We had clear blue skies from Wroclaw to Krakow, we took the train as this was the fastest and cheapest option, costing around £15 one way and taking 2 hours. Myself and Shannon spent most of the train ride eating to pass time – we were on holiday after all!
When we arrived at Krakow train station, we took an Uber to our apartment. We quickly realised that Uber was readily available, cheap and reliable in Poland. Uber is definitely the best way to travel short distances in Poland, in our opinion.
On to the apartment…
All of my friends will tell you, when it comes to booking weekend breaks and accommodation, I’m the go to girl. I take pride in finding cheap flights and good accommodation. However, this time I was slowly starting to think I had made a huge mistake…
We started to drive further out of town, which is fine, as previously mentioned we were using Uber which was cheap enough. We were dropped off on a road which was full of very square communist style looking apartments, all of which had huge iron gates covering the doors.
It probably didn’t help that the weather had changed from sunshine to clouds, as this added excess atmosphere which we already didn’t require!
Long story short, once we got through the intimidating iron gate at our apartment door, we realised it was actually quite pleasant inside. We had one room with a shared kitchen and bathroom, fortunately we never saw anybody else during our stay so I can only assume we had the place to ourselves.
We took an Uber back to the town centre. The town centre was buzzing, people everywhere. We first went to the beautiful market square which is surrounded by unique restaurants. We sat down to have a traditional polish meal. The market square really is beautiful, with the old cloth hall in the centre, which is now filled with niche market stalls.
After we had finished eating, we made our way to the ‘Wodka Café’. The Wodka Café, surprisingly specialises in different flavoured Vodkas. They have more or less every flavour you could ever imagine, ranging from different fruits to chocolates to milk and egg! The egg is surprisingly tasty, not one to be discounted!
We had planned to take a trip to Auswitchz and The Salt Mines.
This trip is certainly not for the faint hearted. We were collected from our apartment at 8am by a minibus which was already full. The tour operator showed us a video as part of the journey. This went into great detail about how the Jews were treated in the concentration camps – there were no details spared.
We arrived at Auswithcz 1 and were shown around by an English tour guide. He was very knowledgeable and went into great detail about what happened in each of the rooms, we were shown luggage which was collected from them, which they would have never seen again. The walls were full of photos of people who never escaped, the dates they were captured and the dates they passed, same survived years of torture, others only lasted a few days. Some were used for medical experiments – surely one of the worst kinds of torture. We were also taken into the gas chambers, we had a lovely warm day, yet as soon as you hit the gas chambers, everything goes cold and silent.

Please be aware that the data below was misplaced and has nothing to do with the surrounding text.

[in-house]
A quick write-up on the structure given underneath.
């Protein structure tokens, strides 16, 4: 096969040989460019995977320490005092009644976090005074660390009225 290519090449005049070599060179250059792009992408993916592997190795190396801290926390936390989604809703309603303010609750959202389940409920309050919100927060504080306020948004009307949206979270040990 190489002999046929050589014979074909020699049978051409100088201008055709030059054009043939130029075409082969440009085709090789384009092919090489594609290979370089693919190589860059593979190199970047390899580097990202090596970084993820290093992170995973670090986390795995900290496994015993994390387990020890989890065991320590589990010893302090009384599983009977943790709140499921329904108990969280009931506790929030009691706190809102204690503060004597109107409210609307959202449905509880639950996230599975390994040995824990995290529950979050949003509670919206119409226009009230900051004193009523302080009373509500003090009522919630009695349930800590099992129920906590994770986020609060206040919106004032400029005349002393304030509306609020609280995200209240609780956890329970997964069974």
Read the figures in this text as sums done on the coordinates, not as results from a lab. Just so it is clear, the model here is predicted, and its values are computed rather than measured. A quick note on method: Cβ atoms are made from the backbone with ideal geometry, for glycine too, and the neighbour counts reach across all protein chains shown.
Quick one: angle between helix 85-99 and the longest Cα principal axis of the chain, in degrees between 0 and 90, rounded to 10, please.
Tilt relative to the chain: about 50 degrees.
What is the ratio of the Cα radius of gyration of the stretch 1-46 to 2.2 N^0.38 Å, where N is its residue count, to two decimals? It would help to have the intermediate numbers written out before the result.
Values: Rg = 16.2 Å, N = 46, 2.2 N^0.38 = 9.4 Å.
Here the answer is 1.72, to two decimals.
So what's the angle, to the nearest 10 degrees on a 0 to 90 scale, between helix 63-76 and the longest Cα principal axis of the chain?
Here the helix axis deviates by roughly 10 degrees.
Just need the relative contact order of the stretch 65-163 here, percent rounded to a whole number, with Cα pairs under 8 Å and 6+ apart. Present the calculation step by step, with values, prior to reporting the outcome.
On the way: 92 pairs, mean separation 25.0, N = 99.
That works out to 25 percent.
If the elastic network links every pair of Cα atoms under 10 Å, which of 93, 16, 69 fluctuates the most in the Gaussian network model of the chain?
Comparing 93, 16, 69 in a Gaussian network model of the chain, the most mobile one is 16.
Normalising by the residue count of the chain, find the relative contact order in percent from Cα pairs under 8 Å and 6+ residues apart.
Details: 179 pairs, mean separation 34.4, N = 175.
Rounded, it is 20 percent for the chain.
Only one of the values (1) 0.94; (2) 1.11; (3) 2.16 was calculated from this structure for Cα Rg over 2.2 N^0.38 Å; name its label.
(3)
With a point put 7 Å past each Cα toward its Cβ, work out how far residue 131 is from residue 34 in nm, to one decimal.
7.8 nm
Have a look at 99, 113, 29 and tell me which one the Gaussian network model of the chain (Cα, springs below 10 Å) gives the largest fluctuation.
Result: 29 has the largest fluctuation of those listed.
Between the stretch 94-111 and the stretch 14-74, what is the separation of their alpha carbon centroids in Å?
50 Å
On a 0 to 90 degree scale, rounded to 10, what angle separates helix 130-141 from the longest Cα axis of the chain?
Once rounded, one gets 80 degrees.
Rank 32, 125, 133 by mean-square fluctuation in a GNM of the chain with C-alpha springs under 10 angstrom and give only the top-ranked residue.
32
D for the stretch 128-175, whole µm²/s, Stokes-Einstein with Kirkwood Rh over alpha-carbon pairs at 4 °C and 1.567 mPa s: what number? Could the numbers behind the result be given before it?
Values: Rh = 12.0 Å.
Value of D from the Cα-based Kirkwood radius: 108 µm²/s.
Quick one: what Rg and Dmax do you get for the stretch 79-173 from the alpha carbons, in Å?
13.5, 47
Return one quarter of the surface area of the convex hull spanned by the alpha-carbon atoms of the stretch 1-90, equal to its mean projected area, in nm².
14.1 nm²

We then moved on to Auschwitz 2. This place is so eerie. We had a beautiful blue sky day and the place was full of tourists yet there wasn’t a noise to be heard. Hardly any grass grew; no birds were in the sky or insects on the ground. It was as if even they knew of the terrible past this place had.
As emotional as the morning was, it’s important to learn about our past and how awful people were treated, in the hope that we can all work together and stop it from happening to us again. Nobody deserves to be put through what these people experienced.
The afternoon was a slightly different experience. We were dropped for lunch at a little restaurant by the salt mines, we had traditional potato dumplings and broth.
Again, we had an English tour guide for the salt mines. The salt mines are over 700 years old and are a UNESCO site. When you enter, you walk down and down, for a long while until you finally reach the large mine area. You are talked through some of the history and also told, you can lick the walls if you want! Now, that bit is entirely up to you! You don’t need to worry about germs from other people though as the salt is an antiseptic.
The mines are carved into all different kinds of things including statues and cathedrals – I don’t want to give too much away but it is definitely worth seeing!
All in all, I would have liked to have had more time to see Krakow itself, especially in daylight so this is definitely on my bucket list of places to return!
Cost of trip
Train from Wroclaw to Krakow – £15
Apartment – £18 per night
Tour (Auschwitz and Salt Mines) – £75